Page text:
In discussions of how to address the public health challenge of dementia, three concepts emerge: dementia capable, dementia friendly, and dementia positive. Each of these concepts has a complicated definition, and each suggests different policy approaches to dementia. Dementia friendly focuses primarily on the experience of individuals with dementia. Dementia capable, on the other hand, focuses more on the workforce and providing services to individuals with dementia. Dementia positive centers around the social inclusion of individuals with dementia and a fuller appreciation of their skills and ability to lead a meaningful life.
The 2012 report Dementia: A Public Health Priority from the WHO and ADI laid out “The Six Stages of Acceptance of Dementia,” which range from ignoring the problem at one end to normalization and the acceptance of dementia as a disability at the other. A key concept associated with reaching this final stage is the concept of dementia-friendly communities. Dementia friendly is a term that appears in a number of countries’ national dementia plans, such as Finland, France, and Israel. In some national dementia plans, this term applies primarily to the immediate physical environments inhabited by individuals with dementia. For example, the Northern Ireland national plan mentions “making the physical environment of the hospital more dementia friendly” and requires audits to make care homes more dementia friendly. In other cases, the term dementia friendly is applied to communities more broadly. This involves creating communities that are working to help residents “live well with dementia” and contributing “to greater awareness of dementia and reduce stigma. However, in both cases, the use of the term dementia friendly centers around concerns about the experience of the individual with dementia. Overall, the main concern is with addressing modifications of the living environment.
Dementia capable is a term that only appears in the dementia plan of the United States, where it has “developed into one of the greatest forces of the US national plan, guiding the creation of nationwide dementia-capable workforces, services, and programs.” Dementia capable is used in two ways in the US national plan and related documents. One usage is similar to dementia friendly, which centers on things that persons with dementia are able to do or enjoy. The other usage focuses more on an ability to fulfill the needs of persons with dementia and their caregivers. This would include a combination of staff knowledge and skills, as well as programs and services. In order to increase dementia capability, efforts concentrate on the development of the workforce and dementia services, and meeting special needs. In contrast to the focus on the environment in the concept of dementia-friendly, the usage of the term dementia capable centers around the language and philosophy of care. This creates a two-step approach. First is inclusion into the disability community, and second is inclusion in the community at large as a member of the disability community. However, with the focus on needs being met in a dementia capable framework (a “service-need” relationship), there is the danger that the living experience of the individual with dementia is being overlooked.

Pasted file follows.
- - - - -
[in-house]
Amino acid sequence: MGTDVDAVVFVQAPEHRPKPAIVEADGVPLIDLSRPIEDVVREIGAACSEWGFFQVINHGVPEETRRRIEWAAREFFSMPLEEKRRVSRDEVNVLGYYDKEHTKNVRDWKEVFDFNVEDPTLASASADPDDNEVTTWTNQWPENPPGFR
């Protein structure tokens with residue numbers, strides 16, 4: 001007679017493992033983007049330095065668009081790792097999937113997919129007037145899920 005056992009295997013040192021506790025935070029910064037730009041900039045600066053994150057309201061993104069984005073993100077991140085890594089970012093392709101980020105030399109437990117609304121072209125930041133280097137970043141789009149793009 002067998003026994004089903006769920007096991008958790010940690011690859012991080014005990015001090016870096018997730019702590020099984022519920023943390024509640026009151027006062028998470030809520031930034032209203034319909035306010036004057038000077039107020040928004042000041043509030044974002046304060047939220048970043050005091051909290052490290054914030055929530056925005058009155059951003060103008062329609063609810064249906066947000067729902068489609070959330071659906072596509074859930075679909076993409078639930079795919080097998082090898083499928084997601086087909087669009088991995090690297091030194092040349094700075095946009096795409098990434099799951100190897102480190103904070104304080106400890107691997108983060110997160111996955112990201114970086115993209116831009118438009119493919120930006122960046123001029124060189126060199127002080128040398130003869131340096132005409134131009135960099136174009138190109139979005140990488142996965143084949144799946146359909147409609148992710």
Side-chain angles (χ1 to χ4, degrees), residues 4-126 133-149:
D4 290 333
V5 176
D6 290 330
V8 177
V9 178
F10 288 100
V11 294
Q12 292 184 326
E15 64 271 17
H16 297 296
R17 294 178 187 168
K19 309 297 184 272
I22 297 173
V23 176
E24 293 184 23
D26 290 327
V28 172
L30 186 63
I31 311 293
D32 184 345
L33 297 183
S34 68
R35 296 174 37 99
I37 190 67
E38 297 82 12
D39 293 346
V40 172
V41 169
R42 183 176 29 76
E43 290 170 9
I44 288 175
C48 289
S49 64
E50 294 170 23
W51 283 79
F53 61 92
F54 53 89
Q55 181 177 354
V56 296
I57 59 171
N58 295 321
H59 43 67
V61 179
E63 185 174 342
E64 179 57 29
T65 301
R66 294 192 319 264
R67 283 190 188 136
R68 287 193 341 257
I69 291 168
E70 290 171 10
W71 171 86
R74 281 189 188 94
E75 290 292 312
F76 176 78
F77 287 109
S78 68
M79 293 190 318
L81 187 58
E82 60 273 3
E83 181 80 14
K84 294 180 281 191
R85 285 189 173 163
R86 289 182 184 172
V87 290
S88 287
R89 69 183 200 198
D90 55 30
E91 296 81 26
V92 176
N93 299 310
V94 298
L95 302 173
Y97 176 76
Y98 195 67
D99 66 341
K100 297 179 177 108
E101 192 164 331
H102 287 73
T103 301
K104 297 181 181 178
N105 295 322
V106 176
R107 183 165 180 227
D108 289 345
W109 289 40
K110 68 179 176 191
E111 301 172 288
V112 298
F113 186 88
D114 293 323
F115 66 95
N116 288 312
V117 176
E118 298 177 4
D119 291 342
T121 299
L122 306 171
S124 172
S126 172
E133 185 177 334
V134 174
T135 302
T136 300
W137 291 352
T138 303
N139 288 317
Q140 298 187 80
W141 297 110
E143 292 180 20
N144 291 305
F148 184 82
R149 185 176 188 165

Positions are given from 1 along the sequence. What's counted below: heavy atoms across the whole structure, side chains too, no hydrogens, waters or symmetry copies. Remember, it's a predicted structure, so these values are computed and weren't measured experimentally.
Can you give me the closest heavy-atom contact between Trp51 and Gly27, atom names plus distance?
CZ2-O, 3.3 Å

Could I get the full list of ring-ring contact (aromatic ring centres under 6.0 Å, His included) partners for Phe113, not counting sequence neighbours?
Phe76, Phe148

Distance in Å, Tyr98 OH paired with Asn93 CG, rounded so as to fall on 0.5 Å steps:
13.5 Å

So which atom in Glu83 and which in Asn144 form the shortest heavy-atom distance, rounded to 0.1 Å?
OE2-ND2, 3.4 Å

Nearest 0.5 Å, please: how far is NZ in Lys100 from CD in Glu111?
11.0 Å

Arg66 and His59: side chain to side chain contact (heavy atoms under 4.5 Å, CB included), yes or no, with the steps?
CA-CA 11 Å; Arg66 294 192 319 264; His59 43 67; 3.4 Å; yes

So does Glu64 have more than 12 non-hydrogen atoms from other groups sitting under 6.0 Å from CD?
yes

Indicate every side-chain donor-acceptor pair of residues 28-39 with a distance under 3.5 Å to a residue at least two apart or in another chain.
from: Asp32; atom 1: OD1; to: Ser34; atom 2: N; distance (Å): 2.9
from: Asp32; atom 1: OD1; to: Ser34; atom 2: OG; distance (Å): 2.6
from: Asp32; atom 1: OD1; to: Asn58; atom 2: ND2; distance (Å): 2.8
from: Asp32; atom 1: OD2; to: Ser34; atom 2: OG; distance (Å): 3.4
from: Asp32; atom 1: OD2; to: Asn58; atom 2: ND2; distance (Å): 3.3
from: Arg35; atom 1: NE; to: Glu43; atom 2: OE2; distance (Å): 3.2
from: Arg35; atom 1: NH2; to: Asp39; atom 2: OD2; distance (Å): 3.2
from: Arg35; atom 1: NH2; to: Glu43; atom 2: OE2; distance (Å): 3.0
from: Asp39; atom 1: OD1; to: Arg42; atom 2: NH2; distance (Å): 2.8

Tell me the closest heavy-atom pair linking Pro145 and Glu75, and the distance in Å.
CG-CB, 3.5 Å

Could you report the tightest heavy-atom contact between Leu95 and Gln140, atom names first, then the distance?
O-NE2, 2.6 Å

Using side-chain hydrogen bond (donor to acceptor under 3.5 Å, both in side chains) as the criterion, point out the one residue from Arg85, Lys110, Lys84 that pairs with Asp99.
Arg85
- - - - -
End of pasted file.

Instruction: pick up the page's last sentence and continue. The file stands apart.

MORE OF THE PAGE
While the concept dementia positive has not yet been used in such plans, it presents an alternative vision of dementia policy that experts also consider worthy of consideration. Dementia positive has been suggested as a new concept that promotes “real social inclusion of persons with dementia and their families.” It is defined as “a positivity toward dementia with an intentional focus on strength finding, manifesting through attitudes, beliefs, communication, and behaviors.” The positive beliefs advocated through this concept place a focus on the ability of individuals with dementia to “actually live a meaningful life.” Being dementia positive means viewing individuals with dementia as equal contributors. For caregivers and service providers, dementia positivity would involve fostering the belief that persons with dementia are able to live a more normal, meaningful life with their help, and working with persons with dementia and their families to identify strengths and abilities. Without an appreciation of the skills and abilities of individuals with dementia, advocates of the concept of dementia positivity suggest that the provision of resources and opportunities is “merely a pseudo social inclusion.”
By looking at the concepts used and suggested for national dementia plans, it becomes obvious that the concepts adopted in such plans can lead to differences in how national public health efforts address the challenge of dementia care. By comparing these concepts, we can also see how the experiences of persons with dementia can be shaped by the differing emphases of each of these concepts. It has also been suggested that the three concepts here are complementary, so that the ideal policy and service provider approach to dementia would be one that is dementia capable, dementia friendly, and dementia positive.